I can't imagine how The Asylum would ape the Wachowski's Speed Racer but I'm keen to find out.
Maybe Sinead plays Trixie. Maybe she plays Chim Chim. At any rate she can play with my Chim Chim anytime she likes. She's also the least sucky actor in this movie, which in this film is like being recognized as the healthiest streetwalker in town because you only have Chlamydia.
Woman and Myron start to talk. She slowly sort of synchronizes with his thought patterns and finally explains that her name can't be pronounced easily with human mouths (which she appears to have, in all fairness) but it translates to something like "Sky."
Thus, Woman is now known as Sky. Man though, he never gets a name other than Man. Poor, poor Man.
Anyway. Sky explains the entire plot of the movie to Myron. She's an alien rep, so is Man, they've come to assess whether humanity should be saved or blasted into astro-dust, and she makes it Myron's job to find her an example of humanity's kindness and good nature. Otherwise, when sundown happens, it's pffft, goodbye humanity.
A note here about C. Thomas Howell's face. Uh, what the hell happened to you man. You're less than 3 years older than me and yet you look like a guy who hangs around Tom Sizemore and makes bathtub methamphetamines, like maybe The Asylum paid for your directors talents with an unlimited supply of Everclear and Slim Jims.
Anyway, Myron tries to explain to Prewitt that Woman's name is Sky and she's come here with a mission. By now Prewitt knows what the Megaliths are up to and doesn't really care all that much for Myron's raving antics (neither did we in the audience) and decides it's time to torture her.
This leads to a fight between Myron and Prewitt where you can see C. Thomas Howell, remember, he's the director, signaling how the fight will progress. He loses and is fired from his job as Special Ops guy. Sky gets tranquilized again.
Myron is about to leave and notices that someone has left the keys in one of the Suburbans and so he steals one of the trucks and speeds away.
Back inside H.Q. Sam calls Prewitt out to the card tables and computer monitors that make up the control room so they can watch exactly 3 F-22 interceptors attack the robot that dominates the downtown skyline. All three CGI planes are shot down. Again though, the Robot doesn't really do anything. A little panel opens on its shoulder and from that a death ray emanates. The planes explode. Big whoop.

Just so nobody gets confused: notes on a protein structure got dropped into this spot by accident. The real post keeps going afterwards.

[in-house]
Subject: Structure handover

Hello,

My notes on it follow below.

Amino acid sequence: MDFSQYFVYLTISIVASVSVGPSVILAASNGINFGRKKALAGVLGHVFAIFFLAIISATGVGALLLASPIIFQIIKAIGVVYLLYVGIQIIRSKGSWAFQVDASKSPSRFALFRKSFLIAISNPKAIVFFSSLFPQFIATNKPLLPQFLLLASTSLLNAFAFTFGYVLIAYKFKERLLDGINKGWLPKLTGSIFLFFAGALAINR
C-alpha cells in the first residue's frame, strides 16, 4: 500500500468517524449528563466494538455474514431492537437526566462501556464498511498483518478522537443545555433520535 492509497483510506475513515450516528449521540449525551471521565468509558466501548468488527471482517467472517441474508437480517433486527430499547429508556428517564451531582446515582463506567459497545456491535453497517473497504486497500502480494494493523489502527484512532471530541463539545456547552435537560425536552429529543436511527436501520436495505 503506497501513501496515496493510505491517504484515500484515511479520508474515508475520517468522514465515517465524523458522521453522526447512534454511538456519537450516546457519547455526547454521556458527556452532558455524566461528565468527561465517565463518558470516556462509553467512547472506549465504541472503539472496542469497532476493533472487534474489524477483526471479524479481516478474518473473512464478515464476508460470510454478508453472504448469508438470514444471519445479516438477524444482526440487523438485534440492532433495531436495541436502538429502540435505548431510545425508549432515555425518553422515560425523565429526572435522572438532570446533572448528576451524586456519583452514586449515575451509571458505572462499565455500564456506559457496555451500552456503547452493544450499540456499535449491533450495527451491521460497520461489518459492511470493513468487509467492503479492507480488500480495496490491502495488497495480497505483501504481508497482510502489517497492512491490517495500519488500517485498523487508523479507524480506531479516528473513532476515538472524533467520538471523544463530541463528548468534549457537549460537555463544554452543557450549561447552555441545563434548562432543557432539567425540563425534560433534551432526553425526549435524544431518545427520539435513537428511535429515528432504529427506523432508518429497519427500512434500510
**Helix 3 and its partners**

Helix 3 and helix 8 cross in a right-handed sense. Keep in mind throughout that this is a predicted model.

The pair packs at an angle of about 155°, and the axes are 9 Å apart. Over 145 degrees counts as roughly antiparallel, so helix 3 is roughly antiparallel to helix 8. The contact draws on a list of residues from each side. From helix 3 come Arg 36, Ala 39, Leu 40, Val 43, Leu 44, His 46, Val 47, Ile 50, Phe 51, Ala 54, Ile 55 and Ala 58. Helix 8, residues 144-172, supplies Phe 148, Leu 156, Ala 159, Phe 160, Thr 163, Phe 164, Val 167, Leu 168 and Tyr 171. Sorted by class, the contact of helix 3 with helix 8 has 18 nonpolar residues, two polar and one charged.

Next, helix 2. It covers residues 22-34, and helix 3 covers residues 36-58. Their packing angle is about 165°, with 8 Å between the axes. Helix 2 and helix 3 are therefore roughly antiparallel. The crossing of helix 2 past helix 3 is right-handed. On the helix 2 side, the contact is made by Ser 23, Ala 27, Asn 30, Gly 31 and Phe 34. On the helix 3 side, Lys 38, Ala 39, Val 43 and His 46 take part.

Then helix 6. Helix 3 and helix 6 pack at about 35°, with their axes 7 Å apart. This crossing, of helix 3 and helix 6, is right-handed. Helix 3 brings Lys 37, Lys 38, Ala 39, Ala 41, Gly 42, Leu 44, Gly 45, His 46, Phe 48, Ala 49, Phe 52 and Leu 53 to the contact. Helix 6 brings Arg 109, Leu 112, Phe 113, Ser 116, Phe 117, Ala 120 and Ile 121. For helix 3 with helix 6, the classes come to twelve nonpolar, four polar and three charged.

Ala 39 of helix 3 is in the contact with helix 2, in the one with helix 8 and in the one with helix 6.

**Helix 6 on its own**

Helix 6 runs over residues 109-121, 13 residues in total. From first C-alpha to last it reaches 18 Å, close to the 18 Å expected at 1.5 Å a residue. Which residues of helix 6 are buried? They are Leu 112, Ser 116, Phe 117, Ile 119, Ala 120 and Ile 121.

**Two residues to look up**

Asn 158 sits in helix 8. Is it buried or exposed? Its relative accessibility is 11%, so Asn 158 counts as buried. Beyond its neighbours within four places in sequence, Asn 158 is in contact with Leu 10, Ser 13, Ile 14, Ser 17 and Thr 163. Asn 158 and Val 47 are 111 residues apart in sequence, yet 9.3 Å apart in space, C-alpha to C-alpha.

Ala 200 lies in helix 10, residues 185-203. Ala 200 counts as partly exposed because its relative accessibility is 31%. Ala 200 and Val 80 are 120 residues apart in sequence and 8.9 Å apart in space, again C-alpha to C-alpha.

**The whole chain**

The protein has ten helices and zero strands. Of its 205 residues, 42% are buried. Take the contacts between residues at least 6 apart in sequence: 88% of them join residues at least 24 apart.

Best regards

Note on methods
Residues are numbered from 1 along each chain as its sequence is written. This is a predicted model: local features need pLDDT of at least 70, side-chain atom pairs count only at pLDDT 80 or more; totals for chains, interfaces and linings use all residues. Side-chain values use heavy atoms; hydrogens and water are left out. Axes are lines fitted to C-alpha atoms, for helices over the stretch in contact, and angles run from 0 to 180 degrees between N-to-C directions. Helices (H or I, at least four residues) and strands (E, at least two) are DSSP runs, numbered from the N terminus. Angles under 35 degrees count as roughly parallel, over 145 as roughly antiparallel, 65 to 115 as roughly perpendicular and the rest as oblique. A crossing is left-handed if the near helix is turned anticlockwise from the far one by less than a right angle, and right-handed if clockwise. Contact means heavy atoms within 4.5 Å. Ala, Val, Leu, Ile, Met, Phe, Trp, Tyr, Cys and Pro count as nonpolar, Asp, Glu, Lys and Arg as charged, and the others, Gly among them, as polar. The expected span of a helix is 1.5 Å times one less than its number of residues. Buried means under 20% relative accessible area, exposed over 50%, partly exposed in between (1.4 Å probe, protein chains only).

Meanwhile Myron speeds away (We actually cut away to show this).
Now, a B2 bomber screams overhead somewhere. It drops an atomic bomb on the robot and nothing happens. I am not sure but I think this is meant to actually take place in downtown LA, but if so the city doesn't evaporate and as far as the movie is concerned, the robot doesn't, like, neutralize the blast or anything. It just happens.
Back at HQ Sky is awake now and begins feeding images to Myron via some psychic link. Also at this time Sam has had Man hooked up to a drip of sodium pentathol and he begins to explain that he was just the guy who drove Sky to Earth and that he's meant to help her but not interfere in human affairs. He's more like an observer than an actual participant, but, that said, Sky is right the robots are going to destroy the world if humanity doesn't get its act together by sundown. He helps Sky amplify her thoughts and get them to Myron.
We play flashback theater for a minute so Myron and Sky can share flashbacks of events at which neither were present.
Myron turns the truck around and speeds back to the rescue. Meanwhile, all the power in the world appears to go out, we learn this by watching a CGI cut scene. In the original The Day the Earth Stood Still this power sapping event made perfect sense because it was meant to demonstrate the level of power that Klaatu's alien friends had. Better, he had told the world over the radio that it was going to happen and there was nothing that anyone on Earth could do to stop it. The world went powerless for 24 hours, which managed to get humanity's attention.